W.M. Kiplinger, Program Founder

The foundation of the Kiplinger Program was built in 1912, when W.M. Kiplinger, born into a family of carriage makers and carpenters from Bellefontaine, Ohio, became one of the first two graduates of the recently established journalism program at The Ohio State University.

After serving as an editor of The Lantern, OSU's student daily, Kiplinger joined the Ohio State Journal as a cub reporter and covered the Columbus flood of 1913, driving across town in a horse and buggy to get the names of the more than 100 flood victims. He later worked for the AP in Columbus, before joining the AP bureau in Washington, D.C.

It was economics, not politics, that Kiplinger found most fascinating. Leaving newspaper journalism, he founded a private "business intelligence" bureau for out-of-town banks and other businesses in 1920. In 1923 he started The Kiplinger Letter, today the oldest and most widely read business forecasting letter in the world. In 1947 he founded Kiplinger Magazine — today called Kiplinger's Personal Finance.

He was so successful that The Saturday Evening Post described him in the 1940s as "the best-paid and most-influential reporter in the world: also the most independent. But the distinguishing mark of his career was his penchant for writing Washington news in a breezy, staccato style that the folks back home understood."

Helping people grasp the world around them became Kiplinger's passion. W. M. Kiplinger was committed to helping his fellow citizens—and his fellow journalists—gain a broader understanding of the world. "He really was a dedicated journalist, a muckraker and an inspiration to young journalists everywhere," his son, Austin Kiplinger, said of W.M. "He was a thorough young newspaper man but he was not a traditionalist. He started The Kiplinger Letter and it was not like anything anyone had ever seen. He was a very original thinker."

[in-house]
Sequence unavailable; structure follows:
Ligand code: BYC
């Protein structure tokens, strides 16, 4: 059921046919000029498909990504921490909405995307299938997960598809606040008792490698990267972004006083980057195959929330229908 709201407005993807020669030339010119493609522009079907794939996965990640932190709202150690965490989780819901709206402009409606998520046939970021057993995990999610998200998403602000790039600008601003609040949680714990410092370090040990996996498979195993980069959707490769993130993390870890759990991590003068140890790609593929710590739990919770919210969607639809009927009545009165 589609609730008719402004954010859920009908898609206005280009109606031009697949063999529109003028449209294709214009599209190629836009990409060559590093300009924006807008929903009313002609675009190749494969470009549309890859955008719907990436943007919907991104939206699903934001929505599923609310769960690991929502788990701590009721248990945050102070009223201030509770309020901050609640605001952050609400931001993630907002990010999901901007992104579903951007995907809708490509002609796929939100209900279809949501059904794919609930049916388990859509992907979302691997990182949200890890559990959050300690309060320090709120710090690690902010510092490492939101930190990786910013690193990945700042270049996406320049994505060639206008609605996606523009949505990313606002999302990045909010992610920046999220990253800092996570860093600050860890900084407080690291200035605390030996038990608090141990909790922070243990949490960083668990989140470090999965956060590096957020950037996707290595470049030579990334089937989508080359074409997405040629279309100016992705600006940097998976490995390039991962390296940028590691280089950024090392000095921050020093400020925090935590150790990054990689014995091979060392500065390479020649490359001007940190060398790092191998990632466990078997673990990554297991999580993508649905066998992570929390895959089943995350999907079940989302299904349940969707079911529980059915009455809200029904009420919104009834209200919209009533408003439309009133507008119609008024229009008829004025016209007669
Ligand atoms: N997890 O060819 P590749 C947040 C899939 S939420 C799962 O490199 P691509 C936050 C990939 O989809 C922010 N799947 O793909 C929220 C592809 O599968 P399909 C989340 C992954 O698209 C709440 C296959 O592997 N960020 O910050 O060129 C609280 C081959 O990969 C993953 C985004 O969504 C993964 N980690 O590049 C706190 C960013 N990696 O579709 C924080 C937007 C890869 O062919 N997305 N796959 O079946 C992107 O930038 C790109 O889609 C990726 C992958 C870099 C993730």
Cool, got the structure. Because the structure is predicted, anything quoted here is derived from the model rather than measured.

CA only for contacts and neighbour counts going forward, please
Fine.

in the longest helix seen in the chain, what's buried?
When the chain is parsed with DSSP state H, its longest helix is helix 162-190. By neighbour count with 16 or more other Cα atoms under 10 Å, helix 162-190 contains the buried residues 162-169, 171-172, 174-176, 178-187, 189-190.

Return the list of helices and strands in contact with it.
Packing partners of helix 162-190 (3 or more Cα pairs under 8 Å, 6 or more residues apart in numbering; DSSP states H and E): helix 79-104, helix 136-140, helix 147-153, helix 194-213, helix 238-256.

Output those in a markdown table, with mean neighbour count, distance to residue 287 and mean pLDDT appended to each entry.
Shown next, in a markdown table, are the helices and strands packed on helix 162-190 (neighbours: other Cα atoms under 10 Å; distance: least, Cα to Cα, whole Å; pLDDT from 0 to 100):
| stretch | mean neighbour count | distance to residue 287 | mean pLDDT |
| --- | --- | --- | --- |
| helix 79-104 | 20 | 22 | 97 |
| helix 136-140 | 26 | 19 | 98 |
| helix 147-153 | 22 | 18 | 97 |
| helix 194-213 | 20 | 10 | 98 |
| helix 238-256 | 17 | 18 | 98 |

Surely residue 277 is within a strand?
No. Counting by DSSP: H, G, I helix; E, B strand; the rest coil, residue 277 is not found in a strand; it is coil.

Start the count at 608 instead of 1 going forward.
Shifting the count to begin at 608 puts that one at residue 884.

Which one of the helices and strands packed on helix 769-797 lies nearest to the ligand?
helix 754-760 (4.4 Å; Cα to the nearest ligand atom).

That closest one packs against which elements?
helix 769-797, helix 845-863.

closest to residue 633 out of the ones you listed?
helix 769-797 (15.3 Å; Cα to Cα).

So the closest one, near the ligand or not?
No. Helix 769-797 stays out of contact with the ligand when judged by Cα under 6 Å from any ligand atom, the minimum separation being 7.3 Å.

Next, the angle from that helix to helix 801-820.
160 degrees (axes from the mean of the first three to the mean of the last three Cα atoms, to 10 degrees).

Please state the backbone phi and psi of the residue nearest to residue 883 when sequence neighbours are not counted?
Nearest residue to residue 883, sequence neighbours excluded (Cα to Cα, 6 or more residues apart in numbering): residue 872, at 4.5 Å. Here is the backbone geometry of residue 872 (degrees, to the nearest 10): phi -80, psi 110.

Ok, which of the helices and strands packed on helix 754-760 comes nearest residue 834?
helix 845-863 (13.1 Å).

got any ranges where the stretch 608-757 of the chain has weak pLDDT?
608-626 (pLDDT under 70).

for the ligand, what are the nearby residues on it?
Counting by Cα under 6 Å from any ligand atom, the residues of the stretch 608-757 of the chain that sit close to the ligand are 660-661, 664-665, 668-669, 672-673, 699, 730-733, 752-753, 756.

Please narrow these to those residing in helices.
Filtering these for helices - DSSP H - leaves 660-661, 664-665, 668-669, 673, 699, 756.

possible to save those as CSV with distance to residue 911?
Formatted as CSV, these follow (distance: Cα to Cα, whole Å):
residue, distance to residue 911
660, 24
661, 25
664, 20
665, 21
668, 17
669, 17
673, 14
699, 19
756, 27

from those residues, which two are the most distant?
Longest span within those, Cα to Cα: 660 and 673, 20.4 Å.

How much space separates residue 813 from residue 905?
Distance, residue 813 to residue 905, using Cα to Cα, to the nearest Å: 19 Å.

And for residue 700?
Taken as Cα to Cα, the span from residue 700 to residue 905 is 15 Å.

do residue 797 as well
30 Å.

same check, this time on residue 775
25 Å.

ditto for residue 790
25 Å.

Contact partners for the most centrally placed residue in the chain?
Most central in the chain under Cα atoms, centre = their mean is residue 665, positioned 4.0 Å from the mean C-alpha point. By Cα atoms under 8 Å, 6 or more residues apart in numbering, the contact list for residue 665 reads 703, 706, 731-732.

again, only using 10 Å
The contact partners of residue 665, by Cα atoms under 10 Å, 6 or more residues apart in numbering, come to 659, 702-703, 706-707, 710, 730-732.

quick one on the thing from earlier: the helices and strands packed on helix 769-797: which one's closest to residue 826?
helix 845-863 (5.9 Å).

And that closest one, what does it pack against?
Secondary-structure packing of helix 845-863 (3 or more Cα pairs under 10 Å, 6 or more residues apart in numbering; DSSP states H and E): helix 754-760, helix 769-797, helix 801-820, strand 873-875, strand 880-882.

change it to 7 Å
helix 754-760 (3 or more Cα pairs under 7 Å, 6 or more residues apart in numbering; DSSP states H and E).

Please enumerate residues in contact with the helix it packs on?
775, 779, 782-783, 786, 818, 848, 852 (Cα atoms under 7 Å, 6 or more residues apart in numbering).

After W.M. Kiplinger's death in 1967, Austin, longtime editor-in-chief of the Kiplinger publishing organization, created the Kiplinger Program to memorialize his father's contributions to journalism. The Kiplinger Foundation and The Ohio State University have funded the program for more than 30 years. During that time, the program has hosted more than 250 outstanding fellows, including prize-winning journalists who continue to work at newspapers, broadcast stations and magazines throughout the nation.

Adding digital media fellows to the program continues the Kiplinger legacy. The Kiplinger Program is committed to the highest standards of journalism, while exploring original means of making news accessible to the general public.

Austin Kiplinger said he is proud of the role the program has played in deepening journalists' skills and abilities. "We must continue to raise the bar," he said. "If you are a physicist, you can't rely on what you learned decades ago. Neither can journalists. Everybody has to keep up and that applies to journalists in particular, because we are right on the firing line."

Our Fellowship Mission

As more people get information from YouTube, Twitter and other non-traditional sources, newsrooms need journalists who understand how to tell compelling public affairs stories in cutting edge ways.

That's why the Kiplinger Program in Public Affairs Journalism is dedicated to helping journalists unite rigorous reporting with digital storytelling — so they can develop innovative online projects that inform wide audiences.

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